Author: Salman Rushdie
Paperback: 320 pages
Publisher: Jonathan Cape
Publication Date: 08 September 1983
Genre: Magic Realism
Cost: Rs. 296.80 (Kindle edition)
In this novel, first published in 1983, Salman Rushdie gives us a lively and colourful mixture of history, art, language, politics, and religion. The story centres around the family of two men—one a celebrated warrior, the other a debauched playboy, played out in the political landscape of their country.
This story takes place in a town called "Q" which is actually a fictitious version of Quetta, Pakistan. In Q, one of the three sisters (Chunni, Munnee, and Bunny Shakil) gives birth to Omar Khayyám Shakil, but they act as a unit of mothers, never revealing to anyone who is Omar's birth mother. In addition, Omar never learns who his father is. While growing up, Omar lives in purdah with his three mothers and yearns to join the world. As a birthday present, Omar Khayyám Shakil's "mothers" allow him to leave Q. He enrolls in a school and is convinced by his tutor (Eduardo Rodriguez) to become a doctor. Over time, he comes in contact with both Iskander Harappa and General Raza Hyder.
It therefore, also portrays the lives of Iskander Harappa (sometimes assumed to be Zulfikar Ali Bhutto), and General Raza Hyder (sometimes assumed to be General Muhammad Zia-ul-Haq), and their families and the relationship among them.
The central theme of the novel however connecting all the families and key characters is that "shame" reproduces ‘violence’.
This novel deals with the central theme ‘shame’. The character ‘Sufiya’ in the book represents this theme a lot. She is mentioned as a mentally handicapped girl whose parents’ negative and judgmental attitude towards her has slowly made her into a person who is initially surrounded by self hatred, bitterness which gradually balls into her turning very ‘violent’.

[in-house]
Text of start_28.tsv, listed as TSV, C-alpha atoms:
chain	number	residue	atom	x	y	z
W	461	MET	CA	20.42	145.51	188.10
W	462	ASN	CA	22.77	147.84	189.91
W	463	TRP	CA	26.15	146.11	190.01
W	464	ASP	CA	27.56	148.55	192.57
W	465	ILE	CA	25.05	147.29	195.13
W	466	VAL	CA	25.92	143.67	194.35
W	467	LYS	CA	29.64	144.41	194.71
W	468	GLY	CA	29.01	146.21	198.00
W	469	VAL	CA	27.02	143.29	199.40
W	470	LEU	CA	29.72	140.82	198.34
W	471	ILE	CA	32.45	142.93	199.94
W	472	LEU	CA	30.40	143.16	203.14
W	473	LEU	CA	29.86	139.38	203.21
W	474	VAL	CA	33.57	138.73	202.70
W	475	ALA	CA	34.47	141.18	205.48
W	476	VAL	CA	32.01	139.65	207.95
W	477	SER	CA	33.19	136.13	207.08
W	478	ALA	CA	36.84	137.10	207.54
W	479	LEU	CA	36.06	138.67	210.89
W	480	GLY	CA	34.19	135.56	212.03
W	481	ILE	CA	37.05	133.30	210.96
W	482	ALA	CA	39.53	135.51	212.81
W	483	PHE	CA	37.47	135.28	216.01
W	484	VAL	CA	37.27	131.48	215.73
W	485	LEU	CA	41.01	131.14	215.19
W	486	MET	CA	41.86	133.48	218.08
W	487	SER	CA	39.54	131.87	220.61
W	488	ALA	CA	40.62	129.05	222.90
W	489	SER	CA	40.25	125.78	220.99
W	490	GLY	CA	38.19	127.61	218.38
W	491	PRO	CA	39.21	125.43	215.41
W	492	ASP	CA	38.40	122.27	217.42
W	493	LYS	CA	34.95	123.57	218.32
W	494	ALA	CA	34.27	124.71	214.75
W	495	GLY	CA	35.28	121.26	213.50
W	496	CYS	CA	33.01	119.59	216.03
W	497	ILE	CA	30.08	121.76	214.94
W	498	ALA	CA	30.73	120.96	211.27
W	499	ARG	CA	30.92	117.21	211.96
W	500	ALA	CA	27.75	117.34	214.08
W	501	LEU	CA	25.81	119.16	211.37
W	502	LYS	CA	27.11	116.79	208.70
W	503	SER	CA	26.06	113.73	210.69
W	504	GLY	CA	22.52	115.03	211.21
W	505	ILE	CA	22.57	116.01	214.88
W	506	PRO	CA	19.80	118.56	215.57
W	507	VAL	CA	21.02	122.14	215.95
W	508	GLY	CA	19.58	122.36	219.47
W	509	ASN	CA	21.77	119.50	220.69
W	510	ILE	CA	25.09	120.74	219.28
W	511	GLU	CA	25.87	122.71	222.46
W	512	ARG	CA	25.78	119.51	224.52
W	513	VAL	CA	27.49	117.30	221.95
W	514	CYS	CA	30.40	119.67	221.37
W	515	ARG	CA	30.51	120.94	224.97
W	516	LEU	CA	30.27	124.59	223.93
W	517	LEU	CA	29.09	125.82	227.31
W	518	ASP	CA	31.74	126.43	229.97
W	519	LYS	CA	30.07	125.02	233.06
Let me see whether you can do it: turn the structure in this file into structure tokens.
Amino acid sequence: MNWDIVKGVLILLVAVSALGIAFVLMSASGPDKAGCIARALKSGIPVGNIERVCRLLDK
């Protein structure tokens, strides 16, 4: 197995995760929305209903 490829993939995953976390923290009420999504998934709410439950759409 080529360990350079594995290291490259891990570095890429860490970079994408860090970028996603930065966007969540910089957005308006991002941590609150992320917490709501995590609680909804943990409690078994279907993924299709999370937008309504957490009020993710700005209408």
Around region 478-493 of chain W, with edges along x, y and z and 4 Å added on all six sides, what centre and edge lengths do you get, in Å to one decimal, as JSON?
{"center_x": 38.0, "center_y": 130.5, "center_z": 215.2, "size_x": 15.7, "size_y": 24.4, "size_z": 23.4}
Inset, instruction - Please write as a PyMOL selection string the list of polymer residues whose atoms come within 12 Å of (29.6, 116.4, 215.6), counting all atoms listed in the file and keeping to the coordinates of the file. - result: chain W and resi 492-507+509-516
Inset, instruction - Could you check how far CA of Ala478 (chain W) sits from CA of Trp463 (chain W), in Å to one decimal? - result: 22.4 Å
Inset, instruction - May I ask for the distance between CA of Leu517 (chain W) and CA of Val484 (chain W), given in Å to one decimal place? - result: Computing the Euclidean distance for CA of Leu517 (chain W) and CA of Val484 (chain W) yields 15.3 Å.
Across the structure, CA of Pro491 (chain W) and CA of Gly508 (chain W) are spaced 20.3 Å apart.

Rushdie directly addresses:
“Between shame and shamelessness lies the axis upon which we turn; meteorological conditions at both these poles are of the most extreme, ferocious type. Shamelessness, shame; the roots of violence.”
When Harrapa is disestablished, he constructs a dictatorship modelled after the Chairman Mao's. His desire for power ultimately leads to his very own downfall. His story also explores the same theme of ‘Shame’ but adding another dimension.
The novel is injected with different versions of females in the Harrapa and Hyder families. The women are deprived of the ‘right to vote’ and are in need of assistance. The shame that Sufiya's father felt towards her is doubled by a sense of ‘misogynistic trait’ running in the family.
The novel is a perfect amalgamation of the concept of ‘Rags to Riches’ and literary conventions like dark humour, paranoia, fragmentation and unrealistic plots.
About the Author:
Of Indian origin, Sir Ahmad Salman Rushdie born on 18 June, 1947 is one of the best living writers in English. Combining historical fiction with magical realism, Rushdie has been courting controversy ever since Midnight's Children was published in 1981. The novel went onto win the Booker Prize. The Satanic Verses, his fourth novel published in 1988, was banned in India and many Islamic countries. Facing death threats the author was granted protection in England. He moved to USA in 2000, where he currently lives.